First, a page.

Goodbye, It Was Nice Raising You

By Sue Mayfield-Geiger

Goodbye, It Was Nice Raising You

I don’t think it ever occurs to any mother who first lays eyes on her newborn how short a time she will really have with him or her. Our bloated bellies and swollen ankles become forgotten memories when we see the pink bundle with fuzzy hair screaming and kicking and capturing our hearts.

We ooh and aah and cuddle them close as we bond with these tiny creatures. The connection is loving, but also fierce. We vow to protect them, take care of them and guide them.

As the years go by, the perils of child rearing test our patience and endurance. Often times, we ask ourselves, “What was I thinking when I decided to have kids?” Other times, we cherish the moments of all the “firsts” we encounter: first words, first steps, first tooth, first homerun, first date, etc. We melt when they hug us; we cry when they fall; we marvel at their progress.

The pre-teen years prepare us, the teen years exasperate us, and the preparing for college years drains our bank accounts. They go miles away to get a higher education, join the military or simply become productive members of society.

We keep their rooms just as they left them until it’s time to convert them into a hobby room or extra bedroom. We don’t really face the reality that they may be gone forever until they are actually – well, gone forever.

Many of my friends have children who never left town. They went to a nearby college, married their high school sweetheart, bought a house two miles away, appear every Sunday for dinner and have presented them with picture-perfect grandchildren. Hooray for them, I say. But there are pangs of jealousy when I see them at the park, digging in the sand with their second generation flock.

The smaller majority of my friends (including me) were not so lucky. Their children left for college and never returned. Oh, they popped in during summer and Christmas vacations, but for the most part, they were no longer permanent residents of the place that cradled them.

Both of my sons left their South Texas nest right out of high school. They chose colleges far away due to scholarship offers and freedom. In some ways, I was happy for them to have this opportunity to be on their own; to understand what it meant to separate the darks from the whites when doing laundry, to realize that food did not just appear out of nowhere when they were hungry and to understand the meaning of the word “budget.”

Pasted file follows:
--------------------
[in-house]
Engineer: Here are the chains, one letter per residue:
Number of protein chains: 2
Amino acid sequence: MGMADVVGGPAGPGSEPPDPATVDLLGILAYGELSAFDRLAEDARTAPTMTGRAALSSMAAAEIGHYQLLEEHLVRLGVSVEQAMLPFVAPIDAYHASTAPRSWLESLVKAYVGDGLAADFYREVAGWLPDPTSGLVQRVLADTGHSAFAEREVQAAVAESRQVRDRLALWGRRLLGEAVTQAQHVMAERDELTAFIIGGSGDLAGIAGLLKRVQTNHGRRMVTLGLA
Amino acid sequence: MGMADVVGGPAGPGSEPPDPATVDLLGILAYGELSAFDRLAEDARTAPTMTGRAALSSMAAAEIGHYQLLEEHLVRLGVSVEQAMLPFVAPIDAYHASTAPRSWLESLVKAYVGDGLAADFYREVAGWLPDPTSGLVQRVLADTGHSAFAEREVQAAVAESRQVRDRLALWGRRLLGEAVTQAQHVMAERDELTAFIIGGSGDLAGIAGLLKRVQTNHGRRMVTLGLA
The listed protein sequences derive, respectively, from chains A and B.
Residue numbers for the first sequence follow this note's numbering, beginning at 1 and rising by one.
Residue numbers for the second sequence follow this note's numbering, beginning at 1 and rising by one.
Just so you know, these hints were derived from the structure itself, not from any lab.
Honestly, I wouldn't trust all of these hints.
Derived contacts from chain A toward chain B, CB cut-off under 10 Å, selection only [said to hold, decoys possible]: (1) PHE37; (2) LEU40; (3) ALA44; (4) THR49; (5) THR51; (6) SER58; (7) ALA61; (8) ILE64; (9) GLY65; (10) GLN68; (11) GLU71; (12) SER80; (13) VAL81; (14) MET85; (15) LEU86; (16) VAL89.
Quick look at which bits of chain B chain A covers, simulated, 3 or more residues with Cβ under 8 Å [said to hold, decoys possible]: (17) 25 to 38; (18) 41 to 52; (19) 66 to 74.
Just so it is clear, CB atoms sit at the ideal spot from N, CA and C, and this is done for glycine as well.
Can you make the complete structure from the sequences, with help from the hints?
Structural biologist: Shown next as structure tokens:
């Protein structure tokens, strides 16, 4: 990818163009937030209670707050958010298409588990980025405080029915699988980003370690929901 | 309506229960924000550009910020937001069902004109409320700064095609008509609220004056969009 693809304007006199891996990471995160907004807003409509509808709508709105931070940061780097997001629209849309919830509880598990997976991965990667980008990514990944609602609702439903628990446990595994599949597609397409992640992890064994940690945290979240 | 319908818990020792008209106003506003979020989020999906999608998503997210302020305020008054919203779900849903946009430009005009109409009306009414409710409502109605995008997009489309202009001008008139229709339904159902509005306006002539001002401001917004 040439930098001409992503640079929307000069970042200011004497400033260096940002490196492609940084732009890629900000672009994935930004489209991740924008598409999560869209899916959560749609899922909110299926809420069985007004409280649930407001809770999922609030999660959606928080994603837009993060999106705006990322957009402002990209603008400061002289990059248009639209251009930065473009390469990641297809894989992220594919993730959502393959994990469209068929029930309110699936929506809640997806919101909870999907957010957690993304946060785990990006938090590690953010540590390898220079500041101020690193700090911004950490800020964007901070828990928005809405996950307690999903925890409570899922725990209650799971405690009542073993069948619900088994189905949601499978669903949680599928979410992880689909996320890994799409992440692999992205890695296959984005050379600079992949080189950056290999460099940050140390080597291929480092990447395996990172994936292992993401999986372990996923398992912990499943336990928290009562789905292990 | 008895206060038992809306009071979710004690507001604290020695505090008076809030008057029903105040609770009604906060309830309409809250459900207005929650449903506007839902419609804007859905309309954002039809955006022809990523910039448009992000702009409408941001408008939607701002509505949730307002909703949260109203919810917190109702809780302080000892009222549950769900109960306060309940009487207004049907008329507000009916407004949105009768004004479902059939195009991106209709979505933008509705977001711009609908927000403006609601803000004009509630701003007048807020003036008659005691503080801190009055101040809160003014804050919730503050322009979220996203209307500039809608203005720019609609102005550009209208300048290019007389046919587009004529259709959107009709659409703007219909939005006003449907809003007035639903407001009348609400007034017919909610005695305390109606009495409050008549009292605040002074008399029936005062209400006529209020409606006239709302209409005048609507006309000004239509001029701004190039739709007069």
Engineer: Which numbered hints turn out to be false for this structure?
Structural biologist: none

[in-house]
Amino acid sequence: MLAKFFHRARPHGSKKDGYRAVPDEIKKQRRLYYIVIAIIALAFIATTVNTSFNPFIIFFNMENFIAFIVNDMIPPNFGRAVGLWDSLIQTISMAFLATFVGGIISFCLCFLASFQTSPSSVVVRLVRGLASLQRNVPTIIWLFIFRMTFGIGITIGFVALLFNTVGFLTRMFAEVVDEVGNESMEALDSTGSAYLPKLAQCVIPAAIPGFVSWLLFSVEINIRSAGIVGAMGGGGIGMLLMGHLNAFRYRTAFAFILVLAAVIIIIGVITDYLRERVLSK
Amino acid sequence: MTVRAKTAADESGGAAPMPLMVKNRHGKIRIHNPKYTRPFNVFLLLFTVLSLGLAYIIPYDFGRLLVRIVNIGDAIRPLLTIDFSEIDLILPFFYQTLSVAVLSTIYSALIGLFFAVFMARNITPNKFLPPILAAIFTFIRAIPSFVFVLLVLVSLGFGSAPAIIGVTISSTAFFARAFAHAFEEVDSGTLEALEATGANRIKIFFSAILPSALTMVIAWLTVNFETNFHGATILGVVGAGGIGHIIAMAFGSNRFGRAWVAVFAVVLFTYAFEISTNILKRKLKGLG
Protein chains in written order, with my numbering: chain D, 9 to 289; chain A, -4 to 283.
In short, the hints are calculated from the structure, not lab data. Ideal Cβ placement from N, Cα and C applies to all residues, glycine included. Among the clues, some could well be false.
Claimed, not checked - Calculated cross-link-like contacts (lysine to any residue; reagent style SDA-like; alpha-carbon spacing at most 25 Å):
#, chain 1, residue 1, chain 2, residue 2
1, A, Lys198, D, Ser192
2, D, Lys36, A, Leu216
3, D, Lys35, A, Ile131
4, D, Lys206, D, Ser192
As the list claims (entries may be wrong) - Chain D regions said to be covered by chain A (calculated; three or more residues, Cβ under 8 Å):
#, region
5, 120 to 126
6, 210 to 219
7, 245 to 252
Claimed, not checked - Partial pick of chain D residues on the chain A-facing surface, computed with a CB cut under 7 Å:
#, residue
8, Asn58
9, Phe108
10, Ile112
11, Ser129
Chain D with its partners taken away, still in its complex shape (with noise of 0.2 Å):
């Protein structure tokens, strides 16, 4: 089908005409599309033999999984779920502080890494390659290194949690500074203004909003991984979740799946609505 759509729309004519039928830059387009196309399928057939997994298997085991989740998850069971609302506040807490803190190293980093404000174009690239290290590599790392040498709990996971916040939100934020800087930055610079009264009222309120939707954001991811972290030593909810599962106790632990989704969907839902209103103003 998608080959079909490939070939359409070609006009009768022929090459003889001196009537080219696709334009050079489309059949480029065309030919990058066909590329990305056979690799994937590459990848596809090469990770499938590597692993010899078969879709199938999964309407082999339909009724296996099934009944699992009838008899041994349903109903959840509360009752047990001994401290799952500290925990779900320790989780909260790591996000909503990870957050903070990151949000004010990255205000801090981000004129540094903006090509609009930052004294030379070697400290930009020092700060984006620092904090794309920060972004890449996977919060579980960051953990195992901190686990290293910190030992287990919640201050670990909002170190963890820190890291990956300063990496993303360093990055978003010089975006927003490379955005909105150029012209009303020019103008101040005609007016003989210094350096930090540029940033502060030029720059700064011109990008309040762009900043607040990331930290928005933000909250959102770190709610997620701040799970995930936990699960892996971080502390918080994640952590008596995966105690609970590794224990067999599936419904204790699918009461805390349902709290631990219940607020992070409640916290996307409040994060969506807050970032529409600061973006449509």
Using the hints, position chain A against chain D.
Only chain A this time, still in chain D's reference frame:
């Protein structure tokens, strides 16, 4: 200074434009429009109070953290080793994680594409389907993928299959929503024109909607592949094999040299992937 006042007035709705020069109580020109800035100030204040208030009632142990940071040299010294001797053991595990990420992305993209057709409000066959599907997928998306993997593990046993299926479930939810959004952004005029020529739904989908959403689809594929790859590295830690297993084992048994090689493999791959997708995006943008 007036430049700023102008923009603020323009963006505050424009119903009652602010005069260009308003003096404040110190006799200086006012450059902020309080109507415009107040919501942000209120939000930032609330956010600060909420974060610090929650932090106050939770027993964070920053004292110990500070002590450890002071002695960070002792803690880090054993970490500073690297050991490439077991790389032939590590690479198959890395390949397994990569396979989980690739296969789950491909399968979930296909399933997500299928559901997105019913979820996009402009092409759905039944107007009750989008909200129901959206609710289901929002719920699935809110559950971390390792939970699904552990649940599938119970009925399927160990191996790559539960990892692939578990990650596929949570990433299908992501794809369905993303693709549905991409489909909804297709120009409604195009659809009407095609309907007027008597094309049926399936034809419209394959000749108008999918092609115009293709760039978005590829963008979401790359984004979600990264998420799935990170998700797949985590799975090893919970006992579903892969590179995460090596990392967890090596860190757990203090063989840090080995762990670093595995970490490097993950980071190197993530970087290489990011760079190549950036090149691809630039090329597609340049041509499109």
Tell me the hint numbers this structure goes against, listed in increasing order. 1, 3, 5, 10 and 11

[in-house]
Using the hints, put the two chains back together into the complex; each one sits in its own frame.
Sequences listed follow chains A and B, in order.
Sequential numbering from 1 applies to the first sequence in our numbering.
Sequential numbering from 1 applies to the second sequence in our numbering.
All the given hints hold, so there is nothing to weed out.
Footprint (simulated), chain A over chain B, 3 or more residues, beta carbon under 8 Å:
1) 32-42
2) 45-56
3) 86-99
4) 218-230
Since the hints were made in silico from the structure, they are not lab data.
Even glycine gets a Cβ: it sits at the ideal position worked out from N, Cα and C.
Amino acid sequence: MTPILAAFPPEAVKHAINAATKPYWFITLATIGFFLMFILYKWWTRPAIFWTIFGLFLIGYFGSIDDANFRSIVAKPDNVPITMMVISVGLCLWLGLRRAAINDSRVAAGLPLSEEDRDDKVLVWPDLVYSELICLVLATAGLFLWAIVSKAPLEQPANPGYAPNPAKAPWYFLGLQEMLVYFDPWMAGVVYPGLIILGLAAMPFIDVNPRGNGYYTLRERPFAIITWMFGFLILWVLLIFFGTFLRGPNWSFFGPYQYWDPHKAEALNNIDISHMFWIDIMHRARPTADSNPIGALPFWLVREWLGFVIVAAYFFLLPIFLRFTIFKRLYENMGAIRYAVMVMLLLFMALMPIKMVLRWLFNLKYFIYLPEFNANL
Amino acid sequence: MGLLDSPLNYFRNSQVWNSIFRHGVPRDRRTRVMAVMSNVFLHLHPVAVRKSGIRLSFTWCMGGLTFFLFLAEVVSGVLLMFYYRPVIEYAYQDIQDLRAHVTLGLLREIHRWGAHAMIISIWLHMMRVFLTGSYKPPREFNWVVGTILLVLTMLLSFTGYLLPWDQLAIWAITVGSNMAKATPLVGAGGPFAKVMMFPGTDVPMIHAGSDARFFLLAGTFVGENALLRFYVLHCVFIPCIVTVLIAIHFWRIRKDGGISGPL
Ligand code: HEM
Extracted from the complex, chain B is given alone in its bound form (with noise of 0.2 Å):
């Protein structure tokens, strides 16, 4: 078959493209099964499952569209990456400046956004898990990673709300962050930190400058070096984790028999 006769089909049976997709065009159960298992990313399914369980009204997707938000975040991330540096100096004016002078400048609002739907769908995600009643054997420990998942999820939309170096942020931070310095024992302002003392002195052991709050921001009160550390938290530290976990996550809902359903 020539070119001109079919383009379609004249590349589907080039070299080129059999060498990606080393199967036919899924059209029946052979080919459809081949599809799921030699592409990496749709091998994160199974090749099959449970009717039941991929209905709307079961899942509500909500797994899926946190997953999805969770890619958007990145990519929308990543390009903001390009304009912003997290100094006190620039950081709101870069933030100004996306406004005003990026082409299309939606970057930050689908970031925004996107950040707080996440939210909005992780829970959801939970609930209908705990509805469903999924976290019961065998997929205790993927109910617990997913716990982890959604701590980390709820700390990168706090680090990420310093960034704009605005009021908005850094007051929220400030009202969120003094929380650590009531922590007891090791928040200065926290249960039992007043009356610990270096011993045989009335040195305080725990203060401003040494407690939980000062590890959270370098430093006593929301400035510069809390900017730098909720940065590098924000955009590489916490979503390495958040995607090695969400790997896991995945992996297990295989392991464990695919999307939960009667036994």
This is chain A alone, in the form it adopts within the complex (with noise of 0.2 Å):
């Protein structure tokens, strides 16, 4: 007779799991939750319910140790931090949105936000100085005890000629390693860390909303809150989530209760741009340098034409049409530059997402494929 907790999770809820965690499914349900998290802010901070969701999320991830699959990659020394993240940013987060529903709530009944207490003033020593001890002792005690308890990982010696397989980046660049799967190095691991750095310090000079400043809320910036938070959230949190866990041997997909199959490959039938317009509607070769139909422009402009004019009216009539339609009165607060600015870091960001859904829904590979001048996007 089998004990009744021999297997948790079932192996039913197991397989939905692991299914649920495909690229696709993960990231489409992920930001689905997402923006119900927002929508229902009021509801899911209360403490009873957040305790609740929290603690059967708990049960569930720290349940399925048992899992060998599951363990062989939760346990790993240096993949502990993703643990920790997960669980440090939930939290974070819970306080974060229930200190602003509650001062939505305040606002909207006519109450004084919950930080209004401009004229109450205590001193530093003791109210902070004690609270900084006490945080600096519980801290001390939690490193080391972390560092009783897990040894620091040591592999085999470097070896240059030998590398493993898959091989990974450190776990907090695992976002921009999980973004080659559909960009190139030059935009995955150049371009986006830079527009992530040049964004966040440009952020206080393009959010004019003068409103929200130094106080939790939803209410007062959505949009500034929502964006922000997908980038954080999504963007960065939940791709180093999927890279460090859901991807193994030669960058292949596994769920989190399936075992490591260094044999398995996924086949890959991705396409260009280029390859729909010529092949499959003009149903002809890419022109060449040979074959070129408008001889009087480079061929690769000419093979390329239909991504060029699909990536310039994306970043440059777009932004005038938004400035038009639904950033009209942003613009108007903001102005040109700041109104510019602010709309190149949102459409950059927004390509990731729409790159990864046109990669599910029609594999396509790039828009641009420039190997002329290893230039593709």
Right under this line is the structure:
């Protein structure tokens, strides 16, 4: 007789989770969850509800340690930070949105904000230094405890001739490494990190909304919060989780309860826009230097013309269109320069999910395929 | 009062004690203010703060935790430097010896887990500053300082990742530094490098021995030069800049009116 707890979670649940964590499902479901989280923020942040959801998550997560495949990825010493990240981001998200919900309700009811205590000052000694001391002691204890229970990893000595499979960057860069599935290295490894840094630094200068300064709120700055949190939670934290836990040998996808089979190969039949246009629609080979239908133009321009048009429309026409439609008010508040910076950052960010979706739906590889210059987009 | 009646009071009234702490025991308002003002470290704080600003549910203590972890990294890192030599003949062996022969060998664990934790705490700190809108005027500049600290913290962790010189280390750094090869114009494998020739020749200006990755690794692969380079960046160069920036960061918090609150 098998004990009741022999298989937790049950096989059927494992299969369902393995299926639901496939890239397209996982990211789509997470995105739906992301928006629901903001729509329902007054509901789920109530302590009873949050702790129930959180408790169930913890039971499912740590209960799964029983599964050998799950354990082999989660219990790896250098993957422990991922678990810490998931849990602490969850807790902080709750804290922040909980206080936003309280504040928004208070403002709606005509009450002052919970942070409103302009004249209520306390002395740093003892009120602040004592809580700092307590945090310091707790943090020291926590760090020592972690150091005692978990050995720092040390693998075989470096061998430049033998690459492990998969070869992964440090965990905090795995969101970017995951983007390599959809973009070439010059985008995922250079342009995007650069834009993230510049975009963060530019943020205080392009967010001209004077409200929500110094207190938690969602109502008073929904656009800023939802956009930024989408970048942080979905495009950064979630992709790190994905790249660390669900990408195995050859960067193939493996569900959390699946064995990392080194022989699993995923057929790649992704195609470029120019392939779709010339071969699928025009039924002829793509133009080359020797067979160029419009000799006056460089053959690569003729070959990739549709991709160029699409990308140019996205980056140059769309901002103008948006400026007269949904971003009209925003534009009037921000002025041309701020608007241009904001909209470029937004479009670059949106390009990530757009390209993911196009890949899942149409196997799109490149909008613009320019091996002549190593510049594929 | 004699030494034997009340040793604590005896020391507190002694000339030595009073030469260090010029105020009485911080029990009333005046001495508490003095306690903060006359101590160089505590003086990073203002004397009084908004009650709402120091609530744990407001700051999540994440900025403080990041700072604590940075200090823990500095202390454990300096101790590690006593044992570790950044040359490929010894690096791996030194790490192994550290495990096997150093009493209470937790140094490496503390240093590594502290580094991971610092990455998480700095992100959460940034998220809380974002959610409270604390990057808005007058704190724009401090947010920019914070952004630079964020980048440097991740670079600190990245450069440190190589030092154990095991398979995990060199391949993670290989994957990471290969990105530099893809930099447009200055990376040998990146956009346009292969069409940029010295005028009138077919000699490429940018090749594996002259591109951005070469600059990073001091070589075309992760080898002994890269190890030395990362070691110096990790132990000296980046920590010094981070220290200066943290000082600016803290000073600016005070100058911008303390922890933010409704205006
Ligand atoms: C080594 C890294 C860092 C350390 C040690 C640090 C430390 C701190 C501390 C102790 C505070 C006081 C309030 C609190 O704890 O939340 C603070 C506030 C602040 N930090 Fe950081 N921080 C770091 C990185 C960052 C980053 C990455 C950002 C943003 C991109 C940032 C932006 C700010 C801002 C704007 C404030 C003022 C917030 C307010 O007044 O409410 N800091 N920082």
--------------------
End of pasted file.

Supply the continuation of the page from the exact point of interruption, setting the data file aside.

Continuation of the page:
My older son met his wife in college. Then they moved even farther away. Today, they live a thousand miles from me as do my five grandchildren.

My younger son chose an acting career which took him to college in Chicago, then a move to Los Angeles, a move to New York and a move back to Los Angeles. It paid off because I get to watch him on television every day (he’s a soap star). No wife, no kidlets (yet) but the new girlfriend looks promising.

My sons do keep in touch with me, sending photos, emails and text messages (their all-time favorite way to communicate). I am very proud of both of them as they have achieved success in their respective careers, lead happy and productive lives and are remarkable human beings.

They have their own lives now and find solutions to their problems. They own houses, cars, furniture, campers, golf clubs; they make their own decisions. They live with the ups and downs that life has to offer. And they do it all really well without me!

I know this is the order of things. I am at peace with the transitions we all must face in life. But every now and then I miss hearing that little boy voice asking at bedtime, “Just one more story, mommy, please! Just one more story!” Of course, I would always give in to the request. Next would come the big bear hug before the final goodnight.

I can still feel it.

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